Surge of power outages in Australasia
Power management company Eaton Blackout Tracker Annual Report for New Zealand and Australia shows Eaton’s annual Blackout Tracker Report reveals a 27 percent surge in power outages affecting more than 1.7 million people in 2017.
New Zealand blackouts increased by 36 percent, with the North Island faced with widespread snowstorms, a big scrub fire and Cyclone Cook, while across the Tasman overall power outages increased by 19 percent, with Queensland overtaking New South Wales as the top blackout state after Cyclone Debbie caused devastation along the east coast in March.
Gordon Makryllos, Managing Director Australia and New Zealand at Eaton Industries said while the total number of people affected by power outages almost halved in 2017, businesses and individuals should still be wary as there was a higher frequency of small-scale blackouts and the average duration of outages increased by 39 percent.
“With almost three out of four blackouts caused by weather, falling trees, faulty equipment or human error – it is clear that many power outages are unexpected and often unavoidable, which serves as a timely reminder for businesses to review their power backup and disaster recovery plans to ensure IT systems and data are protected in the event of a power disruption.”
In Australia, an EMC Global Data Protection Index that surveyed
125 Australian companies found the average organisation experiences approximately three days of unexpected downtime per year, with data loss and other consequences totalling around AUD70 billion. The survey also showed that the majority of respondents not fully confident in their ability to recover after disruption.
“In the current era of digital connectivity and data dependency, the cost of power outages can be significant for any business – in particular those that have data collection technology in locations where recovery processes are complex and hard to reach. To reduce the risk of data loss, downtime and increased costs, it is important to have uninterruptible power systems (UPSs), generators and power management software solutions that can deliver backup power during outages.”
UNUSUAL OUTAGES AND CAUSES IN NEW ZEALAND INCLUDED:
Adding fuel to the fire, Feb. 15 – Christchurch: Widespread power outages resulted after smoke or flames from fires caused a Transpower 220 kV line to trip. Some 89,000 customers were left without electricity for 30 minutes.
A power employee’s ‘Oops’, March 2 – Christchurch: A utility supply representative said it “strongly suspected” that maintenance work near Trizel inadvertently led to a power cut that left 60,000 customers in the dark.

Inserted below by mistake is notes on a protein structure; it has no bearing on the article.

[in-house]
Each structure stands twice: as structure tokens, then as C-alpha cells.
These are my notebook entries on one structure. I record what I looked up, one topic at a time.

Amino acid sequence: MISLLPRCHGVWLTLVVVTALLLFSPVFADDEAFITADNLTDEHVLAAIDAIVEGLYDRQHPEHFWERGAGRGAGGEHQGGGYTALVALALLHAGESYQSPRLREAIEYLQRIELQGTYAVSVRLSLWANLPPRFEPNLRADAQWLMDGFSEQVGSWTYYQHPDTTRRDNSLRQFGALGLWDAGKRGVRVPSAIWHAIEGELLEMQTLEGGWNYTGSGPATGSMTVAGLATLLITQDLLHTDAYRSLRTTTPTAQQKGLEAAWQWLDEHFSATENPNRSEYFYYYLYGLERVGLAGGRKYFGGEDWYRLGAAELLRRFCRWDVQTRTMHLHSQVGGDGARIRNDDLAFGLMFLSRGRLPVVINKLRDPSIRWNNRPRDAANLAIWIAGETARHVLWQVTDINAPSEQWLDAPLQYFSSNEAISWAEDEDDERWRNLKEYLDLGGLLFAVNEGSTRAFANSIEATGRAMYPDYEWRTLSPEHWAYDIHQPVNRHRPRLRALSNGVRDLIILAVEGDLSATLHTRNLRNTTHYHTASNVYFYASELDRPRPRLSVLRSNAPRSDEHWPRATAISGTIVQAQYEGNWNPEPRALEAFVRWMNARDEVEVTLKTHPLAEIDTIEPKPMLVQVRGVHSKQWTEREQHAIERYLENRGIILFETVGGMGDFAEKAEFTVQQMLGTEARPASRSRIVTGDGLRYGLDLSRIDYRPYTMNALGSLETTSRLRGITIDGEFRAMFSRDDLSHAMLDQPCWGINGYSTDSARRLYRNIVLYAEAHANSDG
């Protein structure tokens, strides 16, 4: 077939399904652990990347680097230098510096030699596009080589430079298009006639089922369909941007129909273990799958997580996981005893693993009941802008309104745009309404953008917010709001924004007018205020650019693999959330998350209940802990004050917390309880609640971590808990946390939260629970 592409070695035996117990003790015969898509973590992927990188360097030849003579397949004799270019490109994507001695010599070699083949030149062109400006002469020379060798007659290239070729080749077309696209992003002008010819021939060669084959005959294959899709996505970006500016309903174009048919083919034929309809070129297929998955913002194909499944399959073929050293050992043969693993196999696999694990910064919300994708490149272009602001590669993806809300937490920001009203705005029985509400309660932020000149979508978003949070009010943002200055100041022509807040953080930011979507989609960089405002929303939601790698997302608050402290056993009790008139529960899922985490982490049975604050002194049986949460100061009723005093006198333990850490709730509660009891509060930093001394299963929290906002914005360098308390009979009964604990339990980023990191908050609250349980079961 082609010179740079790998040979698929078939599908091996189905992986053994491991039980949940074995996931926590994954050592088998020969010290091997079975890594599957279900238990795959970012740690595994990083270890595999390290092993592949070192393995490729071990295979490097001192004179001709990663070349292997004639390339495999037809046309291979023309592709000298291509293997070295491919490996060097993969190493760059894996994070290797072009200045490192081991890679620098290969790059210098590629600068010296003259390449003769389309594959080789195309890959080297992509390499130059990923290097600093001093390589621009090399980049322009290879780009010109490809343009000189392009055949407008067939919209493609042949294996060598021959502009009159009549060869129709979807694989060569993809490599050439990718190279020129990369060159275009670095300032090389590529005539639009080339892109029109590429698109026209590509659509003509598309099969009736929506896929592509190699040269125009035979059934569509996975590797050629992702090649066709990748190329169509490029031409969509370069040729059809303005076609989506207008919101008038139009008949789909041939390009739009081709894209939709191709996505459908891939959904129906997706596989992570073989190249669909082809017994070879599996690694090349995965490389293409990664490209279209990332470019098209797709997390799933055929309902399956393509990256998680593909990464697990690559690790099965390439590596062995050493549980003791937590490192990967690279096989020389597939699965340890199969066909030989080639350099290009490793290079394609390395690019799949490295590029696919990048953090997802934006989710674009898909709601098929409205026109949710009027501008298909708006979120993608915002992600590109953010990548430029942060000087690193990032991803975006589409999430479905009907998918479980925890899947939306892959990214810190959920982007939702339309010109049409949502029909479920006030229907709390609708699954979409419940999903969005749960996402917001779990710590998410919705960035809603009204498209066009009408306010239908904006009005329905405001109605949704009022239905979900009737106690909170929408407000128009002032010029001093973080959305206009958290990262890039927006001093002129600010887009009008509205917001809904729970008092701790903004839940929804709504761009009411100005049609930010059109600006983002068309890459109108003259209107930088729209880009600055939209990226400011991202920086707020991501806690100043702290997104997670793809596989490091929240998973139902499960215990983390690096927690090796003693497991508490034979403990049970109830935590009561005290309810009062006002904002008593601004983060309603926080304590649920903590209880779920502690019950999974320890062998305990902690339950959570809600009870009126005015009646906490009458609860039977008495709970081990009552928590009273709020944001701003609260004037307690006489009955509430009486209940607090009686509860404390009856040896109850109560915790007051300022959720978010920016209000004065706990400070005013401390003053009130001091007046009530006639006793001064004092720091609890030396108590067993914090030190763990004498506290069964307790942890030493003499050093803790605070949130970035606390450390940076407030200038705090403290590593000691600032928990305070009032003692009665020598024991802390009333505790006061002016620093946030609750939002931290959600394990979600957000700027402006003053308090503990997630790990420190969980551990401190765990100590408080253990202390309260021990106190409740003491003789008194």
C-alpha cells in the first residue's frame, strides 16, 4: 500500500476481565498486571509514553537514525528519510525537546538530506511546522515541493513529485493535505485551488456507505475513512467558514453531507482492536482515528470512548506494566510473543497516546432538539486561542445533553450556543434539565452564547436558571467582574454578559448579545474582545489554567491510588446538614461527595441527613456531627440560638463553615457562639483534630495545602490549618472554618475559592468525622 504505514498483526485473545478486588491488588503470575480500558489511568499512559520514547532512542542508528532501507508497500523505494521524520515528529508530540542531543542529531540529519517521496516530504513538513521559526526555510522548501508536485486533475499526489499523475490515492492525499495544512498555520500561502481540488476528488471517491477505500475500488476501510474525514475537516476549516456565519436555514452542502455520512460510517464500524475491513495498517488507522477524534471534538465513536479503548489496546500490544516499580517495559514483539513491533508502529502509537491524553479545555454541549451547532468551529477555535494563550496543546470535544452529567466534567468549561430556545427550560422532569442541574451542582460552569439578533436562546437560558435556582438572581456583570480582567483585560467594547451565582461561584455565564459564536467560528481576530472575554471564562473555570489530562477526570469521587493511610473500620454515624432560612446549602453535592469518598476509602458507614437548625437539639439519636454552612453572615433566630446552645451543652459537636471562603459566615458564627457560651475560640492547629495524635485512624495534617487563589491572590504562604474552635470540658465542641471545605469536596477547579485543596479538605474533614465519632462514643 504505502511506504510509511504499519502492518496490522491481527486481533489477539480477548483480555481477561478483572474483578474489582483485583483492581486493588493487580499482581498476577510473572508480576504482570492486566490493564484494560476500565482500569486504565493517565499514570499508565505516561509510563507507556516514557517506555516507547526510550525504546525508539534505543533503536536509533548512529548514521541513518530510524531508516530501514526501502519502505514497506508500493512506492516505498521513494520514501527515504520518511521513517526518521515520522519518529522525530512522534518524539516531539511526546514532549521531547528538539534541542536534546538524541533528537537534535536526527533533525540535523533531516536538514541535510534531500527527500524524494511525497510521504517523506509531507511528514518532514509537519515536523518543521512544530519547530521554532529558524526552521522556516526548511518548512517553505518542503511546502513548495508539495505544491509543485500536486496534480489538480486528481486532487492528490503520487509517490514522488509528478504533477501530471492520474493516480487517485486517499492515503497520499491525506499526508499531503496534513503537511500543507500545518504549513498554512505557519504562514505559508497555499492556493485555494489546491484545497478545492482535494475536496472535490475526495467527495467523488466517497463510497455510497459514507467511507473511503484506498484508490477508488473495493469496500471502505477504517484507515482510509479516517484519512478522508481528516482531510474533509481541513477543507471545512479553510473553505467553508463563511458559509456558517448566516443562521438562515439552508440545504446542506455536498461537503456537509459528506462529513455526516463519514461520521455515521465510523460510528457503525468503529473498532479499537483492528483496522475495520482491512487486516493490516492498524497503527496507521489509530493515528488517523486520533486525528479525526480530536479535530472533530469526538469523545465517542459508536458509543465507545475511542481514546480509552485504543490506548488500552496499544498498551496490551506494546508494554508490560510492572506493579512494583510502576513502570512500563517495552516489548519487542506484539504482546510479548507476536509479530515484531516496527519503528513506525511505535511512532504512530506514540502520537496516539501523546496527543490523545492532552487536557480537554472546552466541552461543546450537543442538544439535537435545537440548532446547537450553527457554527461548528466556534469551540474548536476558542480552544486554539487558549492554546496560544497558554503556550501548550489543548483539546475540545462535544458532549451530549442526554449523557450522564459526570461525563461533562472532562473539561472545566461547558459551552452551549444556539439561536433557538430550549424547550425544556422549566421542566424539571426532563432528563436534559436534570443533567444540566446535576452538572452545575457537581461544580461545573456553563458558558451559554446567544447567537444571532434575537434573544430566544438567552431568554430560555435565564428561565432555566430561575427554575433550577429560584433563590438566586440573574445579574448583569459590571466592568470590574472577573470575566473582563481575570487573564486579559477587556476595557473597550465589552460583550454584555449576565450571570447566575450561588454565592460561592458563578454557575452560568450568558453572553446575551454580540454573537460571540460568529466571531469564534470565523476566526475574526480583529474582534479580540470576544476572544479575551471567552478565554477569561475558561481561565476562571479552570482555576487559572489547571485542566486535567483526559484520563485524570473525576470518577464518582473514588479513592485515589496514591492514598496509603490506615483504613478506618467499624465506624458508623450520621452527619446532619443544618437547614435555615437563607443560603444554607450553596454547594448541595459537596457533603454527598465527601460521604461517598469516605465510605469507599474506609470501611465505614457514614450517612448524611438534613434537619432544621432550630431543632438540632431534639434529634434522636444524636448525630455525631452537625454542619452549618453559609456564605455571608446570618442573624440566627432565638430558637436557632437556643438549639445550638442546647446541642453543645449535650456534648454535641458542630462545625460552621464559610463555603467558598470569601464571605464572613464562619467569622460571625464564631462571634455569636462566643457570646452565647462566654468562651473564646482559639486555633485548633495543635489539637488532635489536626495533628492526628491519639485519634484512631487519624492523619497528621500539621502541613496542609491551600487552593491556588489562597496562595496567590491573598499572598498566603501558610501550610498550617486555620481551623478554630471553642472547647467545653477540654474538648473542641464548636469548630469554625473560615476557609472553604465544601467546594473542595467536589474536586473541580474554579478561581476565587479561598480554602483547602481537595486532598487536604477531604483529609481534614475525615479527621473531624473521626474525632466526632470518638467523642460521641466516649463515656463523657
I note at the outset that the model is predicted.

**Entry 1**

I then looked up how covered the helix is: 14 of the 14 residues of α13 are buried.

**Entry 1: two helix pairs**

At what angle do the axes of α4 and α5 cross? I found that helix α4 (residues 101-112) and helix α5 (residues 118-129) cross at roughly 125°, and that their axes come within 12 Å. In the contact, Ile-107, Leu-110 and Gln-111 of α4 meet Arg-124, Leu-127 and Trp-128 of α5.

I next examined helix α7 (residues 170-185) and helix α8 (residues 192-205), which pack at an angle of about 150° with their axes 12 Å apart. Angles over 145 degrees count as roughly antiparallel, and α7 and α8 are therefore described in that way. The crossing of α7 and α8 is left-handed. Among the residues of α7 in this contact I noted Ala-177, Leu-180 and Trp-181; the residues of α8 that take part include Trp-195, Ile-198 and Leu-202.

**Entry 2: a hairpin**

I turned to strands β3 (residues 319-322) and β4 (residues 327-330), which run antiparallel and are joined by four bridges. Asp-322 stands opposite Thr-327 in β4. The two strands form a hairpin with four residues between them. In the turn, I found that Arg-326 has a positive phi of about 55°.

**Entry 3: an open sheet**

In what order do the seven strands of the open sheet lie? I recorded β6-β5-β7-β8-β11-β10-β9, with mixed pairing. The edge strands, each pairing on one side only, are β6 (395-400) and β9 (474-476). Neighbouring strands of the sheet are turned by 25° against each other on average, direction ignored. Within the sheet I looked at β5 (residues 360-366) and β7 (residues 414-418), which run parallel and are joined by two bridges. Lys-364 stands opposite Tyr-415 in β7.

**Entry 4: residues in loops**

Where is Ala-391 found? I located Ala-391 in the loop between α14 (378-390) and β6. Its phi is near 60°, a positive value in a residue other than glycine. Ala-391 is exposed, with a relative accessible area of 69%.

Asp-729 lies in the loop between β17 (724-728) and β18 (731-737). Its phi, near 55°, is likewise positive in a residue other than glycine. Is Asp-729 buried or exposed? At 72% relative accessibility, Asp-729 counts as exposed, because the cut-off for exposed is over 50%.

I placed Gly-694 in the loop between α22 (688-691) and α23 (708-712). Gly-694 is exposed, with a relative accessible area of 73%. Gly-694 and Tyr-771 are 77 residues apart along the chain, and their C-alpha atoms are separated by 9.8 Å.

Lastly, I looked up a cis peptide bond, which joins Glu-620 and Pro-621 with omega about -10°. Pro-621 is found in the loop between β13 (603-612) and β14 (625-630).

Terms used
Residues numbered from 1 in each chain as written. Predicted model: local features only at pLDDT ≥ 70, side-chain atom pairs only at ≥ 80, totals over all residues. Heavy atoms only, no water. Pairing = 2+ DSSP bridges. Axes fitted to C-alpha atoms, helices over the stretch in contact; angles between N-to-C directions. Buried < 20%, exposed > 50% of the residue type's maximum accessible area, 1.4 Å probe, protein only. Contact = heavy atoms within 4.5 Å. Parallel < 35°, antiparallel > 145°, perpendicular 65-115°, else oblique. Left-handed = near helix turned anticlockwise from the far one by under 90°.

Too many Cooks, April 13 – Hawke’s Bay: Cyclone Cook caused landslips and brought down trees and power lines across much of the North Island, cutting power to 13,000 homes and businesses — a few hundred of which were in the dark for two and a half days.
In the line of fire, Feb. 5 – Ruakaka: A three- hectare scrub fire led to a blackout for 30,000 customers after flames erupted under a main feeder line.
Crash course, Jul 29 – Whanganui: A nine- day-long blackout resulted after a vehicle hit a power pole, snapping it off at the bottom. The force of the crash cut the power cable to a house and pulled the power connection from under the eaves, resulting in the lengthy outage.
Cutting it too fine, Aug 7 – Hawke’s Bay: Power was cut to 5,000 when a contractor accidently drove his roadside lawn mower into a wire fence – causing it to spring up and hit power lines.
Hitting the skids, Oct 12 – Kerikeri: A ‘boy racer’ doing skids caused a six- hour power outage to 700 customers, fleeing on foot after his car demolished a power pole.
Interesting outages in Australia were caused by an ‘unidentified critter’ that managed to make its way into a substation and, despite protective devices being installed on equipment, managed to out 18,000 customers for 150 minutes; a fault on the Gold Coast that left people stranded on multiple rides at Movie World for 10 minutes; a Townsville outage to 1200 customers at the start of the NRL Grand Final and a further 2000 affected in Brisbane the same night due to a ‘rogue animal’.
Blackout Tracker Annual Report data is based on a full year of reported power outages across Australia and New Zealand.
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